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AUC remembers Giulio Regeni, protests university’s position on his murder
 
 
AUC banner commemorates Giulio Regeni
 

A memorial service was held on Wednesday at the American University in Cairo (AUC) for Italian PhD student Giulio Regeni, who was found brutally murdered early this month after a nearly 10-day disappearance.

The memorial was organized by AUC’s political science department, where Regeni was working to finalize his thesis on the labor movement in Egypt. His supervisor, political science professor Rabab al-Mahdy, mourned the deceased scholar as “a citizen of humanity.”

Regeni was found February 3 on the side of a road in the Giza suburb of 6th of October City. His body showed signs of torture including cigarette burns, bruises, cuts and multiple stab wounds.

The 28-year-old went missing on January 25, 2016 — the fifth anniversary of the 2011 revolution — after he was reportedly headed to the downtown Cairo district of Bab al-Louq near Tahrir Square, which was occupied by heavily armed police forces that day. The circumstances of his murder may point to the police as the primary perpetrators, according to some observers.

In response to a contentious statement issued February 4 by AUC’s administration, which described Regeni as having passed away, at the memorial Mahdy stressed that the student was murdered.

“His horrific murder — and it is a murder, not a ‘passing away’ like the AUC administration thought it was — is the price he paid as a citizen of humanity who believed in equality, dignity and justice,” Mahdy said.

Following Regeni’s death and the subsequent discussion of his academic and journalistic activities, pro-government media and political figures started questioning his intentions, asking why an Italian would be interested in Egypt’s labor unions.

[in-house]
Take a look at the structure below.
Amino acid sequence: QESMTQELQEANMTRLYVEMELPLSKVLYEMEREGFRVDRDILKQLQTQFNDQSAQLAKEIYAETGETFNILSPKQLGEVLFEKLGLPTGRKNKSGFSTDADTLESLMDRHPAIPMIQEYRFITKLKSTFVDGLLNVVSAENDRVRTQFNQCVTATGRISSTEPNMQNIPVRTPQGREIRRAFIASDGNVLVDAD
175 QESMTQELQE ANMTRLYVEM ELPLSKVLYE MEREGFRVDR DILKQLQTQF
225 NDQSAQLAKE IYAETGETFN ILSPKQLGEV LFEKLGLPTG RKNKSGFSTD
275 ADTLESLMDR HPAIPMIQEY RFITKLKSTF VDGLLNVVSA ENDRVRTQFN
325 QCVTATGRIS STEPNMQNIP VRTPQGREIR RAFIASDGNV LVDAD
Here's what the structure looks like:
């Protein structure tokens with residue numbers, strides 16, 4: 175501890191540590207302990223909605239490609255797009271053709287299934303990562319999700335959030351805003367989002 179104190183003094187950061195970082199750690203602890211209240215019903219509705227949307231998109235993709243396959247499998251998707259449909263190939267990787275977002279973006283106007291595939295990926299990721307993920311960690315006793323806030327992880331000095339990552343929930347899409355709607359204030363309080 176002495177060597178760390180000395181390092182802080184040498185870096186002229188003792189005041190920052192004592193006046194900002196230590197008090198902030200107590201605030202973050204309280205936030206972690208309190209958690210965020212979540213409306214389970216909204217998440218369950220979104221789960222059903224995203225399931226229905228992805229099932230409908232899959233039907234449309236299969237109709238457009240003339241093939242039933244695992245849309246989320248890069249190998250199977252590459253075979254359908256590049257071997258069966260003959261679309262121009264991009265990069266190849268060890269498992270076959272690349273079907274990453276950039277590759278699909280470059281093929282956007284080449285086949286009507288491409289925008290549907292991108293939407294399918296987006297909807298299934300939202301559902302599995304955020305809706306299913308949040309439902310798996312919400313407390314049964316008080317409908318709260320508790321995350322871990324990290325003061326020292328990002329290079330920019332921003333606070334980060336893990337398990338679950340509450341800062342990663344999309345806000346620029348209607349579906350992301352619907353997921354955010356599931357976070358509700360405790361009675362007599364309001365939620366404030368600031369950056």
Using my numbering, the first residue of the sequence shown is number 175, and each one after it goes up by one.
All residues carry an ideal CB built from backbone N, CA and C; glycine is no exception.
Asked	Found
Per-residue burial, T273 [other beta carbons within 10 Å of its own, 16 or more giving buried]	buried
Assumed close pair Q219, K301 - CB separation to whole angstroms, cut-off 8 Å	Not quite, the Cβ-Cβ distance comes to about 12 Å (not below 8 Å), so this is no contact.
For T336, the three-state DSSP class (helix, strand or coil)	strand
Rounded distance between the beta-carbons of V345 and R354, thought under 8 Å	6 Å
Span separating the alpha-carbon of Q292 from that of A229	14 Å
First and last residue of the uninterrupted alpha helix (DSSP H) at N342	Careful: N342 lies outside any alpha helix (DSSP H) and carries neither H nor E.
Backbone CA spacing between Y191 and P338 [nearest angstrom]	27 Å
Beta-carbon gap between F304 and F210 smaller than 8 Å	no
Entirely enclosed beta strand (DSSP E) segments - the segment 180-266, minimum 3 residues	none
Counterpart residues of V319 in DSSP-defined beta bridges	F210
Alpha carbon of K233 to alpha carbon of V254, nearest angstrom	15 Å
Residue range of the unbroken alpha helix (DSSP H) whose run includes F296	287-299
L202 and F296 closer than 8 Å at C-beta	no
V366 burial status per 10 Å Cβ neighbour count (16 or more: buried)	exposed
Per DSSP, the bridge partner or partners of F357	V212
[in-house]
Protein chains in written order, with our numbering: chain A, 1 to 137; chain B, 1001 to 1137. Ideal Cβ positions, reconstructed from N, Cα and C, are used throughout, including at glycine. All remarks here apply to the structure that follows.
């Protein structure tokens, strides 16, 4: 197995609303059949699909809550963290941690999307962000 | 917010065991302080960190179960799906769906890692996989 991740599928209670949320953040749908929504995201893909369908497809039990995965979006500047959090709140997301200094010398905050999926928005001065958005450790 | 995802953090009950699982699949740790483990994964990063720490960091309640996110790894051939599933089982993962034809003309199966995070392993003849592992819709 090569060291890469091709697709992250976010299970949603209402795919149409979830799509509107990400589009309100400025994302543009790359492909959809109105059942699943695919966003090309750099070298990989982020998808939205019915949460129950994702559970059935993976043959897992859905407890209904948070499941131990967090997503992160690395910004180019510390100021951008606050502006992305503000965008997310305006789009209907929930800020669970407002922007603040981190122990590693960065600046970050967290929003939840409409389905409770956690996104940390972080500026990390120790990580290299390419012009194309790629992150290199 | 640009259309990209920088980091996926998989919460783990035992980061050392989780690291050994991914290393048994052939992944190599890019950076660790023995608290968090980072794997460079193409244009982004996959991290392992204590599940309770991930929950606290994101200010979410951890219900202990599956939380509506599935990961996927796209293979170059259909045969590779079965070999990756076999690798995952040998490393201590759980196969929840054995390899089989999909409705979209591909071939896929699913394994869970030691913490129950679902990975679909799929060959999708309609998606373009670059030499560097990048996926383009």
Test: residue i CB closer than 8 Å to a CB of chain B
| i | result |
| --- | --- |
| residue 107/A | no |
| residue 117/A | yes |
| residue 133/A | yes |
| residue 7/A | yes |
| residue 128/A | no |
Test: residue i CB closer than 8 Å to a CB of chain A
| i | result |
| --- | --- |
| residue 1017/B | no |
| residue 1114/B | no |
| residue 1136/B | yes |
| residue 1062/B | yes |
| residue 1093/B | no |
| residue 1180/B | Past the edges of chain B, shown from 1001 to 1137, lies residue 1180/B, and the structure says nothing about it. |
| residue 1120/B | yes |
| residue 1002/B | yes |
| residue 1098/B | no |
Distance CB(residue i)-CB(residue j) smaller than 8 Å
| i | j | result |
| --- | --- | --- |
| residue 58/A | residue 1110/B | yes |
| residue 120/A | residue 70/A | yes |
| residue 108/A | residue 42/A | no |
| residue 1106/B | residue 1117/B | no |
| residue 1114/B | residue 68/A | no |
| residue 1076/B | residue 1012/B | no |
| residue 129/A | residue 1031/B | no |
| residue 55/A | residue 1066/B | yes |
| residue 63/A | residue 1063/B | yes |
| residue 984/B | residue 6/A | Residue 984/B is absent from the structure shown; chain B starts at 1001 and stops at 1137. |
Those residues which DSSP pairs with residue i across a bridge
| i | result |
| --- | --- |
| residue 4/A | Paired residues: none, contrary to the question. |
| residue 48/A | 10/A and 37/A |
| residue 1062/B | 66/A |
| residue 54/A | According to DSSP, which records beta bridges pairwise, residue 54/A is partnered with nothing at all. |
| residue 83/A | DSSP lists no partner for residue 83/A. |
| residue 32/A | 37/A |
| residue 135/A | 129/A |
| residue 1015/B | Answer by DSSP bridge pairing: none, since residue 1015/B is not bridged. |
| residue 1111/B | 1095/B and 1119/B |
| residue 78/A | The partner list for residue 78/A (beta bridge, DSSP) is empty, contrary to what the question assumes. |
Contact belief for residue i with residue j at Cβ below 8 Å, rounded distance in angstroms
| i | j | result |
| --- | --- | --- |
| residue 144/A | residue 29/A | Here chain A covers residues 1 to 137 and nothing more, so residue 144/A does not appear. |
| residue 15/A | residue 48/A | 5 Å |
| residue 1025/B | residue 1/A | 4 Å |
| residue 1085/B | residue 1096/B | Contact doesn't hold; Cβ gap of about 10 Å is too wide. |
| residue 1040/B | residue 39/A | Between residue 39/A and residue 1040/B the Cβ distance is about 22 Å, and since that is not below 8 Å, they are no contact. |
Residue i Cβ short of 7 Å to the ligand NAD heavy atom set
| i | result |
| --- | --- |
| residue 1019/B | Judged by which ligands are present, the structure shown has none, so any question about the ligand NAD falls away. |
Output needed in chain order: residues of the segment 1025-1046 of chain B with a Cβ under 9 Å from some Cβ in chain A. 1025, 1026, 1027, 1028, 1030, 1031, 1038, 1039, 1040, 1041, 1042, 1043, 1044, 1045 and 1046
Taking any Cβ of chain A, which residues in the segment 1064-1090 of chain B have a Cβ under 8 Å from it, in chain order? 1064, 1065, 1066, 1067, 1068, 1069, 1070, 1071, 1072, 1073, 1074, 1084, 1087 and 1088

For Mahdy, “his work on identifying the challenges facing independent unions in Egypt was not just driven by intellectual curiosity, but more so by a belief in the right of ordinary Egyptians to organize and to be able to pursue their long-lost rights.”

“That’s exactly what sets Giulio apart from many scholars, and even from many of my fellow countrymen and women. He cares,” she continued. “Giulio was not given the chance to finish his scholarly project, but he chose a life and was forced into a death that attests to everything he had hoped to work for.”

Mahdy then highlighted the escalating cases of forced disappearance, intimidation and torture enacted by security forces that Regeni’s murder exposed.

“Giulio’s remembrance is not about reconciliation, because I don’t think that reconciliation is possible,” she concluded.

Following Mahdy’s speech, a number of AUC professors from various departments honored Regeni with poems in Polish and Italian, as well as a poem by Palestinian poet Mahmoud Darwish in Arabic.

After the program ended, a strongly worded statement was read in the name of AUC faculty and students castigating university officials for their stance on Regeni’s murder.

“While we acknowledge that the AUC administration did not wish to preempt the results of the investigations into the causes of Giulio’s death, we are outraged by the administration’s failure to publically acknowledge that Giulio was tortured and murdered,” the statement said. “Not only was the university’s first communication factually inaccurate, it was shortsighted and insensitive.”